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March 21, 2009

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Oh my I love these too. But I must admit that my first quilt was made up of huge squares! http://kitschenpink.blogspot.com/2008/07/lost-and-found.html
Clearly I was a child with much lower ambitions!
I love that you showed the back of the work. I always feel it's a bit sad when I frame my embroideries knowing the back will not be seen for many years. The backs tell so much more about the maker I feel! t.x

That's so impressive, it must have taken forever. I'm trying to work up the courage to start my first ever quilt project. Seeing that the back doesn't have to be a selection of perfectly ironed hems makes me much more positive!

I prefer this style of patchwork (over papers I mean). I call it 'hardcore'. Forget those namby-pamby cutting boards and sewing machines! Then it becomes a bit of a challenge. And I'm never one to turn down a challenge. :D

So pretty! I sleep under a hexagon quilt made by my great grandmother. I love it. ~Kelly

unDeniably Domestic

My mother hand stitched a cathedral window quilt, ALMOST finished it. She handed it over to me many years ago and it has languished in a box. I can't part with it and each year I promise myself I'll figure out how to finish it. In memory of her.

We made quilted cushion covers at school in just the way you describe, and funnily enough my experience was also just the way you describe! Still, I love the hexagonal quilts - they remind me of honeycombs. One day I'll have another go (it's not as though I don't have the fabric!).

Oh that is a beautiful quilt. I actually like to hand stitch the hexagons, but probably because I used to do it when I would visit my grandmother and it makes me feel close to her.

Thank you from the bottom of my heart for the whole week of English beauty.

I have enjoyed your English beauty week! I am sure there are many more examples of English beauty, many attached to the differing seasons. I await to see what will come next!! Thank you.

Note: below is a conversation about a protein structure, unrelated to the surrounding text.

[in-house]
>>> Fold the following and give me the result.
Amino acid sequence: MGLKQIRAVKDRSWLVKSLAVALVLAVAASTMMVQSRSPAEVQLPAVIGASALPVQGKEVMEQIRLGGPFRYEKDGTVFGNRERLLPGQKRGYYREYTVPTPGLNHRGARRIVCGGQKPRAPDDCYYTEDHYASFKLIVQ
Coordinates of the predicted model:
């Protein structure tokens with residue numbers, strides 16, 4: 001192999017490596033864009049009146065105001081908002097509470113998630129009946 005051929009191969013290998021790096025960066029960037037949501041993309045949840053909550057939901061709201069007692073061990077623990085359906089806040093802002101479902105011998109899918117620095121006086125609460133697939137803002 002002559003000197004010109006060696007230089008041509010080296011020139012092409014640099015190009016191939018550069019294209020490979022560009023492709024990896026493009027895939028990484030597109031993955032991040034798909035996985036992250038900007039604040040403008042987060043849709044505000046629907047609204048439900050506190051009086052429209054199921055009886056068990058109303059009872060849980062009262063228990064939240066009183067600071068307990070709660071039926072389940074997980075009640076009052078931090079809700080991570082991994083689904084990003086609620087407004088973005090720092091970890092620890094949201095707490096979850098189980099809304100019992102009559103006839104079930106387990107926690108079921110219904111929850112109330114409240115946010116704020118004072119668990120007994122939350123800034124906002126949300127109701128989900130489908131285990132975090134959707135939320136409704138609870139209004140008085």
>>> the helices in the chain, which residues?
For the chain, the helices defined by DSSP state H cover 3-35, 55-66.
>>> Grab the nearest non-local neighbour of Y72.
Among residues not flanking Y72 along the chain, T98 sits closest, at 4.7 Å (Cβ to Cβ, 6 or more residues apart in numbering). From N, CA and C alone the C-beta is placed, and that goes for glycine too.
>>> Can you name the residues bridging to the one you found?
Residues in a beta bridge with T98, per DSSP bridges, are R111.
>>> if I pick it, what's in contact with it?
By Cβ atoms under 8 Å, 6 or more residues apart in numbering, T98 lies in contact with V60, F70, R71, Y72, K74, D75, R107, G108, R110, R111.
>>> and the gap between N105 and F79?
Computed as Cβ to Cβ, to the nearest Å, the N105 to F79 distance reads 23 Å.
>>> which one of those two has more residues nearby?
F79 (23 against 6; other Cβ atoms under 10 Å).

I loved the variety in your week of English beauty.

The work and love in the hexagon quilt is inspiring. But I fear I might be a plain squares quilter, as I'd probably never have the patience and endurance to do anything more challenging.

My first attempt at quilting was using octagons and squares.And I made a huge quilt using up bits of material from dresses I had made for my daughter so it was also a memory quilt but never again!!

I'm doing a tumbling dice quilt (hand stitched) with diamonds and triangles.
It's been slowly coming along since the beginning of the year. I estimate that by the year 2020 I'll be sleeping under it.

I loved the English beauty week and you made me remember the class of Home Economics. In Mexico we donĀ“t have that and the things I learned in that time will be in my memory for ever. Now I quilt and I learned it from those days.

Wow what a beauty! Just lovely. And I love your description of frilly knickers on the 'backside'. I have a hexagon quilt in the making, and yes it's taking an age. I've moved it onto my priority list.
Love the photos of your week of English beauty.